McG’s most recent spy movie disappoints despite potential

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Chris Pines and Tom Hardy star in McG-directed “This Means War,” a romantic action film in which the two fight for the affections for a character played by Reese Witherspoon (Photo courtesy of 20th Century Fox).

There’s lots of potential for “This Means War” to be a great time at the theaters. Director McG knows his way around a fluffy, paper-thin storyline, having cut his teeth on the short-lived “Charlie’s Angels” franchise, and Chris Pine and Tom Hardy are both interesting, likeable rising stars. Add in the film’s intriguing spy vs. spy premise and “This Means War” could have been the rare enjoyable Valentine’s Day movie, one that guys can take their dates to and come out with all brain cells intact. Unfortunately, all of those ingredients come out to make a half-baked, badly written film that’s about as memorable as the soda you’ll drink while watching it.

We’re introduced to agents Tuck (Tom Hardy) and FDR (Chris Pine) in a slick opening sequence in which the two charm women, wear suits and fight bad guys. All appears to be well with their rock-solid friendship. Then they both fall for Lauren (Reese Witherspoon) and, after deciding to let her choose between them and setting a few ground rules for their competition, immediately begin undermining each other in their quest for romantic supremacy.

For most of its runtime, “This Means War” is an easygoing, entertaining distraction. Its central friendship doesn’t feel forced; Pine and Hardy have a lived-in, quick-witted rapport that proves a solid foundation to build a film on.

Unfortunately, as things become increasingly sour between the two, the film begins to rely on their chemistry with Witherspoon. While she plays well with others and none of her scenes are painful, Witherspoon’s character is too inconsistent to invest in, fluctuating between a romantically conflicted sympathetic figure and an emotionally manipulative witch a bit too frequently.

McG also performs fairly admirably. He keeps the film moving at a fast clip and stages plenty of stylish action scenes. He also packs the soundtrack with classic rock and even slips in a fun “Goodfellas” homage. Even if McG occasionally stumbles with a spastic, conspicuous editing style, his earnestness and enthusiasm for the project shine through.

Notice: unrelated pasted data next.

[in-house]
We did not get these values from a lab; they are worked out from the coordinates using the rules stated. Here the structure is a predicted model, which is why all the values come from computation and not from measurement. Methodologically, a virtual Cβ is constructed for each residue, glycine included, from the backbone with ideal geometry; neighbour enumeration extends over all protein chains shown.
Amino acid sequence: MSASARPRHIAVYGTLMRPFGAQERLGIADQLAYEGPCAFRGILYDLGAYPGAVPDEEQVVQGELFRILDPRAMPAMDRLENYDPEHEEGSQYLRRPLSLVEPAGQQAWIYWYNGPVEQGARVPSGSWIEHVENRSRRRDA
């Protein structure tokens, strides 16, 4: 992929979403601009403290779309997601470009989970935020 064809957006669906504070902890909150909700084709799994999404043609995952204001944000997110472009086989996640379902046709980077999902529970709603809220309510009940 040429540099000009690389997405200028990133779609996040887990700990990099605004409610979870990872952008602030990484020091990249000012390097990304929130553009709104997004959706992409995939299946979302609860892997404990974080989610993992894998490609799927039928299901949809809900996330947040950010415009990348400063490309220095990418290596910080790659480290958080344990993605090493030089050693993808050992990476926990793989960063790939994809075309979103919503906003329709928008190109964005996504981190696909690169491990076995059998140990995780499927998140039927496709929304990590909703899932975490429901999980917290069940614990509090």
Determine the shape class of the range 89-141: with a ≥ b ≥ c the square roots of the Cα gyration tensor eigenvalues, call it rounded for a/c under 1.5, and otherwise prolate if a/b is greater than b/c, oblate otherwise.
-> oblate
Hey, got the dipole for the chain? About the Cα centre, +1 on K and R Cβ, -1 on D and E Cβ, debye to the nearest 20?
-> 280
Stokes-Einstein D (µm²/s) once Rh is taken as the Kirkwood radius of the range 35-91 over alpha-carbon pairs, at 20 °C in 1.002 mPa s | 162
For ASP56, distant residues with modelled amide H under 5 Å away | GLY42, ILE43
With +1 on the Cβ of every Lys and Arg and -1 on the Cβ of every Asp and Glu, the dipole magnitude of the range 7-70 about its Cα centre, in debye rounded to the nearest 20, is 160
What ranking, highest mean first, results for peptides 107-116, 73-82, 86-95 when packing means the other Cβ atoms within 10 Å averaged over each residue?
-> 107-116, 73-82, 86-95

Many of the problems in “This Means War” can be traced back to its screenplay, which, with a few more drafts and some plot twists, could have built on its intriguing premise to make a much better film. Unfortunately, writers Timothy Dowling and Simon Kinberg created a film in which almost every plot beat for the rest of the film is predictable from the first 20 minutes. Is it possible that the baddie (Til Schweiger), Tuck and FDR fight in the opening sequence and will return for revenge? Once Tuck and FDR make rules concerning their relationship with Lauren, is there any chance they’ll break them all immediately?

Even though it’s clear where the film is going, the ending has a much more significant problem. As the romantic conflict reaches a climax, “This Means War” becomes shockingly mean-spirited and cruel to its characters and then casts all the potential conflict stemming from the terrible things they’re doing to each other aside, having them reconcile all too easily. It’s disrespectful to the characters, to the film’s commitment to its premise and to the audience. And it leaves the film on a nasty, bitter note.

“This Means War” is by no means a terrible film and a pretty ideal release for Valentine’s Day. It’ll make boatloads of money from the romantically inclined but will quickly fade from all of their collective memories before winding up a forgotten film in the $5 DVD bin at Wal-Mart. While that’s the destiny for many lackluster films, it’s a shame that this one has to join the ranks because with that cast, that concept and that director, it really could have been something special.

Printed on, Tuesday February 14, 2012 as: Spy film falls short of potential